On March 16, President Trump began referring to COVID-19 as the “Chinese Virus.” Other xenophobic varieties officials have used include: “the Chinese flu,” “the Wuhan coronavirus,” and my personal favorite, “Kung-Flu.” Many who have faced criticism for using such names have offered the defense that previous diseases have also been named after places, such as the Spanish flu and Ebola.
However, as Vox indicates, these viruses are not named after their origins. The Spanish flu, for instance, started in Kansas, but became widely known as such because Spain was the only Western nation that reliably documented the domestic spread of the pandemic. In contrast, regarding COVID-19, Trump stated that the virus “comes from China,” making it clear that his preferred name for the virus directly refers to its place of origin. Rather, the choice to associate COVID-19 with China stems from historical and systemic choices in America to associate disease with foreigners and particularly Chinese immigration.
When a wave of male Chinese immigrants first settled in San Francisco’s Chinatown in the 19th century, Americans perceived the presence of the Chinese as a contamination of the pure white polity. They blamed these men for bringing diseases such as leprosy and syphilis to America and claimed that their “ill moral character” polluted the harmonious social order of American culture. The popular media portrayed Chinese immigrants as rat-like. The braided queue (cue) hairstyle of the Qing Dynasty became appropriated to form a stereotypical image of the Chinese man, its slender length and form meant to mirror the tail of a rat.
This stereotyping explains much of the violence towards Asians that has arisen out of COVID-19. When a pandemic means losing control over one’s life, the qualities which make us human become compromised. With so much suffering it is only natural to want something or someone to blame. But when blame becomes abuse, it’s no longer a question of “Whose fault?” but rather, “Who do we consider human?” Who gets to be included amongst the crowd of people suffering, and who do we punish to make the balance equal again?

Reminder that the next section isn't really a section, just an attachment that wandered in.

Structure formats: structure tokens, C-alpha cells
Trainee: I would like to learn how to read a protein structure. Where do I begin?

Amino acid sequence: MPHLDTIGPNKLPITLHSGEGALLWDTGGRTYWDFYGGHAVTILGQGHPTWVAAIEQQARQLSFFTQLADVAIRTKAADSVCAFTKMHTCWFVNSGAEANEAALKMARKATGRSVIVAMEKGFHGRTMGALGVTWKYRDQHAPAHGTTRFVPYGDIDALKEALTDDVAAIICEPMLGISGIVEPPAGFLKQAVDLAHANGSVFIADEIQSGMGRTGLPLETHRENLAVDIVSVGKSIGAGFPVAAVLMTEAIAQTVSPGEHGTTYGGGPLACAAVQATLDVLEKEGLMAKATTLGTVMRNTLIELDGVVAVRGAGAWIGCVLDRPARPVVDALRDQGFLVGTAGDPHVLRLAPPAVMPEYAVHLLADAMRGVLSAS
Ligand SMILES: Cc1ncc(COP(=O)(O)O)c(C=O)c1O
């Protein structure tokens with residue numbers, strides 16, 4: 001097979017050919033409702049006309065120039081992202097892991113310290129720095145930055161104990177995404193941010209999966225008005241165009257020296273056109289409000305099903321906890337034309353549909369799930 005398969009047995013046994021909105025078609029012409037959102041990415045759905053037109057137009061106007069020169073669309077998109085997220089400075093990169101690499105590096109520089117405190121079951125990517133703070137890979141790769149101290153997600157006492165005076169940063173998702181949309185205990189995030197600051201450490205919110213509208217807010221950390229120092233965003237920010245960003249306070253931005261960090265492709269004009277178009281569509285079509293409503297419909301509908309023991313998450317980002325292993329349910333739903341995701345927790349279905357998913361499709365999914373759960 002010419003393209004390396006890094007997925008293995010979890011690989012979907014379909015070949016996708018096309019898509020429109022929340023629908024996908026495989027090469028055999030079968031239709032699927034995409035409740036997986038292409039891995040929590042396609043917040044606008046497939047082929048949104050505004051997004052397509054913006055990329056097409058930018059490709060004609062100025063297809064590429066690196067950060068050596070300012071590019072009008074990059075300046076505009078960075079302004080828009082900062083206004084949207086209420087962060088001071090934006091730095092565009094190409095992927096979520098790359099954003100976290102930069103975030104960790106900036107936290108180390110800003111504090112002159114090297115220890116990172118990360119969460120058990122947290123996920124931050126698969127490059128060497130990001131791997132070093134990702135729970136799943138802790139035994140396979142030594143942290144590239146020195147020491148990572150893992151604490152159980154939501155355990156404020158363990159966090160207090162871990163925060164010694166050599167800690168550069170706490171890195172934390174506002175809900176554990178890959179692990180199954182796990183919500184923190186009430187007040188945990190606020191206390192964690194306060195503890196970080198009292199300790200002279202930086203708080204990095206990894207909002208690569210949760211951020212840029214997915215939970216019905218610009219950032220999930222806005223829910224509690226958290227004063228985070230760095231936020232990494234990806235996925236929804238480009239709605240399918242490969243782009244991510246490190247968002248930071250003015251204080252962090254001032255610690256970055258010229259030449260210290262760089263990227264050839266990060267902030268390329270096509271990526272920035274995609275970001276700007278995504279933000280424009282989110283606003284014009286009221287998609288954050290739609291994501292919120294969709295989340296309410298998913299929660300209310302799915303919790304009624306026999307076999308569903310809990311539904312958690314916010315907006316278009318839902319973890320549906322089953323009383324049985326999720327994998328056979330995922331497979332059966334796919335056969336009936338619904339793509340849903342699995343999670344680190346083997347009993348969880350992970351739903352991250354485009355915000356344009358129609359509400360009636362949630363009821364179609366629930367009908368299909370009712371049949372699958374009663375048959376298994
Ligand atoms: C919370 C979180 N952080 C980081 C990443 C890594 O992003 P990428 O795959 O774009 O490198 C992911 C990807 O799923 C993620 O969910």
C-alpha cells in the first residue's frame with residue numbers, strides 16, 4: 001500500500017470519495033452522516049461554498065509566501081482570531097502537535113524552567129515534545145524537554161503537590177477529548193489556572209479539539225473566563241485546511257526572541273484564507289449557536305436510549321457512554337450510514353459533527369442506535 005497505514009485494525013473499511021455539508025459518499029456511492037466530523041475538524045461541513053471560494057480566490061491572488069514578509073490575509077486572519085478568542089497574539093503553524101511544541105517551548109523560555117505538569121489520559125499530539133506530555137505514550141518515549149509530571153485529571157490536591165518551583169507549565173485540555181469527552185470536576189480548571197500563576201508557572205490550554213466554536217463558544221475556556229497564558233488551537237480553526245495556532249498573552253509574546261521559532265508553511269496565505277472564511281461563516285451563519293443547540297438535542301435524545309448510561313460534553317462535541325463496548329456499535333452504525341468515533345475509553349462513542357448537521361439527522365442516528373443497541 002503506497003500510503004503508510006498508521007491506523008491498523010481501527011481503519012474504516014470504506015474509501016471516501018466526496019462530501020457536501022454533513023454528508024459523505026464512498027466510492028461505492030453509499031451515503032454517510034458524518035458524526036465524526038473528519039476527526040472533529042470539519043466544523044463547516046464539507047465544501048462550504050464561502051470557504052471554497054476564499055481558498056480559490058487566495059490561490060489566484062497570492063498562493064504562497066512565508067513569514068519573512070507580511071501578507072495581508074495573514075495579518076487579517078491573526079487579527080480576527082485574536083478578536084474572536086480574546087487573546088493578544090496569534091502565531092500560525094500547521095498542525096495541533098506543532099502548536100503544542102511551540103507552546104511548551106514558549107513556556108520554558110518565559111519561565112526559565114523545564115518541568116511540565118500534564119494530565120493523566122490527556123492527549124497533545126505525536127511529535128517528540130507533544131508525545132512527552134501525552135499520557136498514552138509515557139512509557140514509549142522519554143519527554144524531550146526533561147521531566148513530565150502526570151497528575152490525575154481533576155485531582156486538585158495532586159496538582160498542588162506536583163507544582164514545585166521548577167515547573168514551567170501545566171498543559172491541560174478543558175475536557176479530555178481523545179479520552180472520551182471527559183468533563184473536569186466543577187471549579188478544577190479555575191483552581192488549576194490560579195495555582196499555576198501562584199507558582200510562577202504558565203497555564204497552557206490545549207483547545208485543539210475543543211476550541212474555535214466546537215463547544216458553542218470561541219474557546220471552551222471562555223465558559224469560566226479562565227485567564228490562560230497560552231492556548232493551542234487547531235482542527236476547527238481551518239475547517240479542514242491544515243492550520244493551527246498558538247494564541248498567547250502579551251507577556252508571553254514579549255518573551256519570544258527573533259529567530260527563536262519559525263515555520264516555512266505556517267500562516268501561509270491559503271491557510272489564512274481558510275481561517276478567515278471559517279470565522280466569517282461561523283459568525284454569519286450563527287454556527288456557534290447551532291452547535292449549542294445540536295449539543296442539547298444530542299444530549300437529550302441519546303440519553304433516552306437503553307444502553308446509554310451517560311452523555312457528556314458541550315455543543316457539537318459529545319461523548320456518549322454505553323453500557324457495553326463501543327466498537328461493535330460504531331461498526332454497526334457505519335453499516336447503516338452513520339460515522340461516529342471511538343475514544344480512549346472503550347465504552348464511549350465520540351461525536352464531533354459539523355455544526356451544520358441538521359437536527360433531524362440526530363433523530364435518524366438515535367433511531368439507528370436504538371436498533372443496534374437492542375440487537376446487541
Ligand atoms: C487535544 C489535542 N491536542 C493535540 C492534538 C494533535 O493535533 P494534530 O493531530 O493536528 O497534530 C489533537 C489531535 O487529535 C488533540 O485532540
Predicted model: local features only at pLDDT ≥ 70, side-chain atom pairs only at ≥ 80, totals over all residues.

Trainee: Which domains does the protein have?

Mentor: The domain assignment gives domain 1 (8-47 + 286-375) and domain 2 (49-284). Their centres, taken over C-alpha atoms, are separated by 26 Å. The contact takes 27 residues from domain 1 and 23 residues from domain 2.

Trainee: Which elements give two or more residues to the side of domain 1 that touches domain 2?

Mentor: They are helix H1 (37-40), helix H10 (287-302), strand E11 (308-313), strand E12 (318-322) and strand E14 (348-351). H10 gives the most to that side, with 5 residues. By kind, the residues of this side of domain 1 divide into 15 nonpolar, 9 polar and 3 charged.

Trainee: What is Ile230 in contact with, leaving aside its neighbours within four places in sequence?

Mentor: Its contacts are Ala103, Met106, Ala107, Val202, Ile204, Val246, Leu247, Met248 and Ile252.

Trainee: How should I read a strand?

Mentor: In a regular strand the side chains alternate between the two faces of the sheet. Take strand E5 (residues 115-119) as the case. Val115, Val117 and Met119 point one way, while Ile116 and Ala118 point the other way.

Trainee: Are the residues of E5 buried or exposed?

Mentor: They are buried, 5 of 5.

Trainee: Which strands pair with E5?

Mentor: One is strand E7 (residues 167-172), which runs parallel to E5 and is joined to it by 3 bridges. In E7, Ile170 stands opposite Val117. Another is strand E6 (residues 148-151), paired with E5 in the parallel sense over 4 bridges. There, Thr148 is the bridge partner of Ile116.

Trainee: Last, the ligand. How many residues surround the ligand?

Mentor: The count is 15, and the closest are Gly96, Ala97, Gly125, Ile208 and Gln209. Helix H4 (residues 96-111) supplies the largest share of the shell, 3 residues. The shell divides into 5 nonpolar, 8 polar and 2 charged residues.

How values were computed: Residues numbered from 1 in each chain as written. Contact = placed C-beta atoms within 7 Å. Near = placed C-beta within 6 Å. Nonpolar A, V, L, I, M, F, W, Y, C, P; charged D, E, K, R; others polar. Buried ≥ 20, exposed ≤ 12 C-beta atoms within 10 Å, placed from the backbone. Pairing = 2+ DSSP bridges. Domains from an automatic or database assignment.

Depicting the Chinese as rat-like immediately classifies them as subhuman and thus an easy scapegoat. Additionally, the fact that the virus emerged from a city in China directly feeds into the stereotype of the Chinese as unclean vermin, portraying the Chinese body as both the cause and the carrier of the disease. Building on existing American stereotypes that perceive all Asians as the “same,” this negative stereotype can be extended tof all Asians, including Asian Americans. Americans assume that Asians — the perceived carriers of the disease — are immune to COVID-19, not victims, and therefore do not suffer in the same way as others. This mentality excuses xenophobic behavior towards Asians, transforming violence into a perceived act of retribution.
The violence perpetrated against the Asian community evidences the harmful repercussions of clumping East Asians into one stereotype. One of the confusing aspects of growing up Asian in America is that America homogenizes all of East Asia under contemporary forms of Orientalism, while also maintaining starkly different perceptions of China, Japan, and Korea in pop culture. There’s no way of knowing with certainty which situations will be labeled as collectively “Asian,” and which will be directly attributed to a specific country. The coronavirus has embodied this paradox to its fullest, occupying both mindsets at once: our president clearly marks the virus as “Chinese,” and the actions of Americans suggest that the general public perceives COVID-19 as an Asian problem.
A few months ago, just as the virus was beginning to creep into the United States, one of my friends — originally from the city of Hohhot, China — posted the following remark on Facebook: “I understand why you guys don’t know what ‘sick man of Asia’ means to Chinese people, just like I didn’t know what the ‘N’ word means to African-American people.”
As an Asian American, I can never fully comprehend the weight of his words because I have my Korean identity as a shield and can wield my monolingualism as a weapon of defense, evidence of my alleged belonging and allegiance to America. But I do know that the phrase “sick man” implies “less than human”; it means drawing divisive lines during a time when we should be crossing borders to prop each other up; it means that in spite of the glitzy checkpoints of progress in absolving the problem of American racism, people still haven’t figured out that being human means equal opportunity to suffering and means collective humanity, regardless of skin color. COVID-19 doesn’t discriminate — but it seems that’s all we know how to do.